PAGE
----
Individual inherited disorders of all four biotin-dependent carboxylases have been reported in addition to reports of patients with simultaneous defects of all four enzymes (combined carboxylase deficiency). In a majority of patients with late-onset combined carboxylase deficiency, the underlying defect is biotinidase deficiency.[4] The early-onset form, on the other hand, is due to holocarboxylase synthetase deficiency.[5]

Biotinidase deficiency can be profound (<10% enzyme level) or partial (10-30% enzyme level). Clinical presentation depends on the severity of enzymatic defect. Profound defects usually manifest between 3 and 6 months of age, with neurological manifestations (seizures, hypotonia and developmental delay), skin manifestations (eczematous skin rash, seborrheic dermatitis, alopecia) and (c) respiratory problems (hyperventilation, laryngeal stridor and apnea). Older children and adolescents may exhibit limb weakness, neurosensory hearing loss and eye problems, e.g. optic atrophy and scotomas. The present case had only seizures and alopecia. Many symptomatic children with biotinidase deficiency exhibit various neuroimaging abnormalities, e.g. cerebral edema, attenuated white matter signal, cerebral atrophy and compensatory ventricular enlargement. Neuroimaging features may improve or become normal after biotin treatment.[6]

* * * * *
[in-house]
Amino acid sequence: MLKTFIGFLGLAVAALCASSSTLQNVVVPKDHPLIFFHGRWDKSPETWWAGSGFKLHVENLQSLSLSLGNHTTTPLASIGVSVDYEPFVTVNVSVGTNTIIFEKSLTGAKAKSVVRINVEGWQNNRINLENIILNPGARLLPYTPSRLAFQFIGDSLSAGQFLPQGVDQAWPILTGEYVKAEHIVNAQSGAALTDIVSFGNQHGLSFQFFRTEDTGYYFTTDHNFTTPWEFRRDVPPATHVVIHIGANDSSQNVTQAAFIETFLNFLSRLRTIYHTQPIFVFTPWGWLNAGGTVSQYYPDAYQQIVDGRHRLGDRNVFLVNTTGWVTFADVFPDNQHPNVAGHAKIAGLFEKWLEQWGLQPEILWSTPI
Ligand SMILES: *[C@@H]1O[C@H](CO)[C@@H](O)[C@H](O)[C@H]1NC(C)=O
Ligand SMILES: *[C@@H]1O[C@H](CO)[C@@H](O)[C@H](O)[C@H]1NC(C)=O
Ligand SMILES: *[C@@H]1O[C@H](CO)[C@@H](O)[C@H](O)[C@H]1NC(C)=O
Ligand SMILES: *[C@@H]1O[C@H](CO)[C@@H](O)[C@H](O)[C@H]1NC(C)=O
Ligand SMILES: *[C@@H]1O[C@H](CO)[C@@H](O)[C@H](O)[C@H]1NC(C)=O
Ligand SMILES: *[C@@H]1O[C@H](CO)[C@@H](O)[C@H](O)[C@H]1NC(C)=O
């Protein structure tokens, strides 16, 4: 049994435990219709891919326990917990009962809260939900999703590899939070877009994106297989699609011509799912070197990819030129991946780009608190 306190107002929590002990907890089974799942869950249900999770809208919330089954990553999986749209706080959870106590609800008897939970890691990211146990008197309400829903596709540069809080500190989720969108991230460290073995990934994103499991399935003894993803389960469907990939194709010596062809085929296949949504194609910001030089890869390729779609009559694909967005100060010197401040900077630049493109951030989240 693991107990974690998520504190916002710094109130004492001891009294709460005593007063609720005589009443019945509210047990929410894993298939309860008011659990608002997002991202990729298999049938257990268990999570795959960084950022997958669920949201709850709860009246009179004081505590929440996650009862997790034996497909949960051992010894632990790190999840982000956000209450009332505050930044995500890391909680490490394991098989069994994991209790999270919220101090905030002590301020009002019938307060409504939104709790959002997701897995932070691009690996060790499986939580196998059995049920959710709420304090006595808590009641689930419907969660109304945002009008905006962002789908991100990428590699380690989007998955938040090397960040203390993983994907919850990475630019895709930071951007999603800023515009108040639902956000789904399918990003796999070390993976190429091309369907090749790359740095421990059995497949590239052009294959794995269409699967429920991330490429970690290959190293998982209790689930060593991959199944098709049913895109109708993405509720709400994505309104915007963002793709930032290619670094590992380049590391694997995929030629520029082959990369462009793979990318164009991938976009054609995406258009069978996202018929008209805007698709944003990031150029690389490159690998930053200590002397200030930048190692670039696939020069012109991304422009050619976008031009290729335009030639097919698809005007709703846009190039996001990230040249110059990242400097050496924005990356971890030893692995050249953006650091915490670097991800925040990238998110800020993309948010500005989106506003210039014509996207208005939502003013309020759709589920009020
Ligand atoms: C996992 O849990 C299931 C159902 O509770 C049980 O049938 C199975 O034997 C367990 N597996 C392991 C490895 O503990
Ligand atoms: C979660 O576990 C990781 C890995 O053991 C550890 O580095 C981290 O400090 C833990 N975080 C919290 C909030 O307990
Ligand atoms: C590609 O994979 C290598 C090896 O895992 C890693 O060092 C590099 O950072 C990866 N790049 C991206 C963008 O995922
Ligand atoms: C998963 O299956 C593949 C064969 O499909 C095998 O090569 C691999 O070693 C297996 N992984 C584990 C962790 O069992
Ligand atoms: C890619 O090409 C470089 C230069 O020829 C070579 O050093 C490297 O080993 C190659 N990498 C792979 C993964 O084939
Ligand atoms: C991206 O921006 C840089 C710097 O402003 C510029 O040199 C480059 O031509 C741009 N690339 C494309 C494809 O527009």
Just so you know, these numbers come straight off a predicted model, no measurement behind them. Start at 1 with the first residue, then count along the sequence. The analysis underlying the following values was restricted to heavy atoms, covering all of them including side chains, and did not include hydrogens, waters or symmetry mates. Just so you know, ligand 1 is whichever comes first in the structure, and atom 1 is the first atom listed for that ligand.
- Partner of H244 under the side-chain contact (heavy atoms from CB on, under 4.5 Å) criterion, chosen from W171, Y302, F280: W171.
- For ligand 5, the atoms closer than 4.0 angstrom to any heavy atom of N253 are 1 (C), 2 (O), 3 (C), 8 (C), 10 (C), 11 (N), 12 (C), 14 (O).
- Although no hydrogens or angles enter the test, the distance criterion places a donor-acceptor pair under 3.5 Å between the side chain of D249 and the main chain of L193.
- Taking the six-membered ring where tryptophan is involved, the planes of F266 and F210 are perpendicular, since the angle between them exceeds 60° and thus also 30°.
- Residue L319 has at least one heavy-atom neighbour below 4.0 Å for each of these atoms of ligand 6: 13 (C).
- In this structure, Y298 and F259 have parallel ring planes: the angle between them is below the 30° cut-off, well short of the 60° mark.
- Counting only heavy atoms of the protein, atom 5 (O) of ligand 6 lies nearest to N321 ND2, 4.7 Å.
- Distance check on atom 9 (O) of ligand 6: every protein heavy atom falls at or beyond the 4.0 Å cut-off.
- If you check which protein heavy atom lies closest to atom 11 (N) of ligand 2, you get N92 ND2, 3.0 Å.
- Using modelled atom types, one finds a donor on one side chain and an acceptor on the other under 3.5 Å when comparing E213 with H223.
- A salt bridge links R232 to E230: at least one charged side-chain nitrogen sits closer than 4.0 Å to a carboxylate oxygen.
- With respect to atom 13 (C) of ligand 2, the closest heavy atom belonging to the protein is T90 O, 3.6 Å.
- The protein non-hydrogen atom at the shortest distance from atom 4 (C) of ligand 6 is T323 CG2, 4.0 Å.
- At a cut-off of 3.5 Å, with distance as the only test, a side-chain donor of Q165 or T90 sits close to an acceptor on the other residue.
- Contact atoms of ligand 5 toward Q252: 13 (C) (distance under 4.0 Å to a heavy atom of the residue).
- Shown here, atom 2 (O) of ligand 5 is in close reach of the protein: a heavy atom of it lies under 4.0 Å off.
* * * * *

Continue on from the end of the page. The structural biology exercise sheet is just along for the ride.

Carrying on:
Laboratory findings include metabolic acidosis and abnormal organic acids in the urine, and diagnosis can be established by estimating biotidinase in the serum. Biotinidase deficiency may be detected on screening of the newborn.[7]

Biotinidase deficiency may be confused with holocarboxylase deficiency, previously called early-onset or infantile multiple or combined carboxylase deficiency, which presents early and the biotidinase level is normal.

Because biotinidase deficiency can be treated readily with biotin, this disorder should be considered in children with infantile seizures, especially in the presence of other characteristic neurological or cutaneous features.


1. Wolf B. Worldwide survey of neonatal screening for biotinidase deficiency. J Inherit Metab Dis. 1991;14:923–7. [PubMed]
2. Wolf B. Disorders of Biotin Metabolism. In: Scriver CR, Beaudet AL, Sly WS, Valle D, editors. The Metabolic and Molecular Bases of Inherited Disease. 8th ed. New York: McGraw-Hill; 2001. pp. 3935–62.
3. Wastell HJ, Bartlett K, Dale G, Shein A. Biotidinase deficiency: a survey of 10 cases. Arch Dis Child. 1998;63:1244–9. [PMC free article] [PubMed]
4. Wolf B, Grier RE, Allen RJ, Goodman SI, Kien CL. Biotinidase deficiency: the enzymatic defect in late-onset multiple carboxylase deficiency. Clin Chim Acta. 1983;131:273–81. [PubMed]
5. Burri BJ, Sweetman L, Nyhan WL. Mutant holocarboxylase synthetase. Evidence for the enzyme defect in early infantile biotin responsive multiple carboxylase deficiency. J Clin Invest. 1981;68:1491–5. [PMC free article] [PubMed]
6. Dahiphale R, Jain S, Agrawal M. Biotinidase Deficiency. Indian Pediatr. 2008;45:777–9. [PubMed]
7. Heard GS, Secor McVoy JR, Wolf B. A screening method for biotinidase deficiency in newborns. Clin Chem. 1984;30:125–7. [PubMed]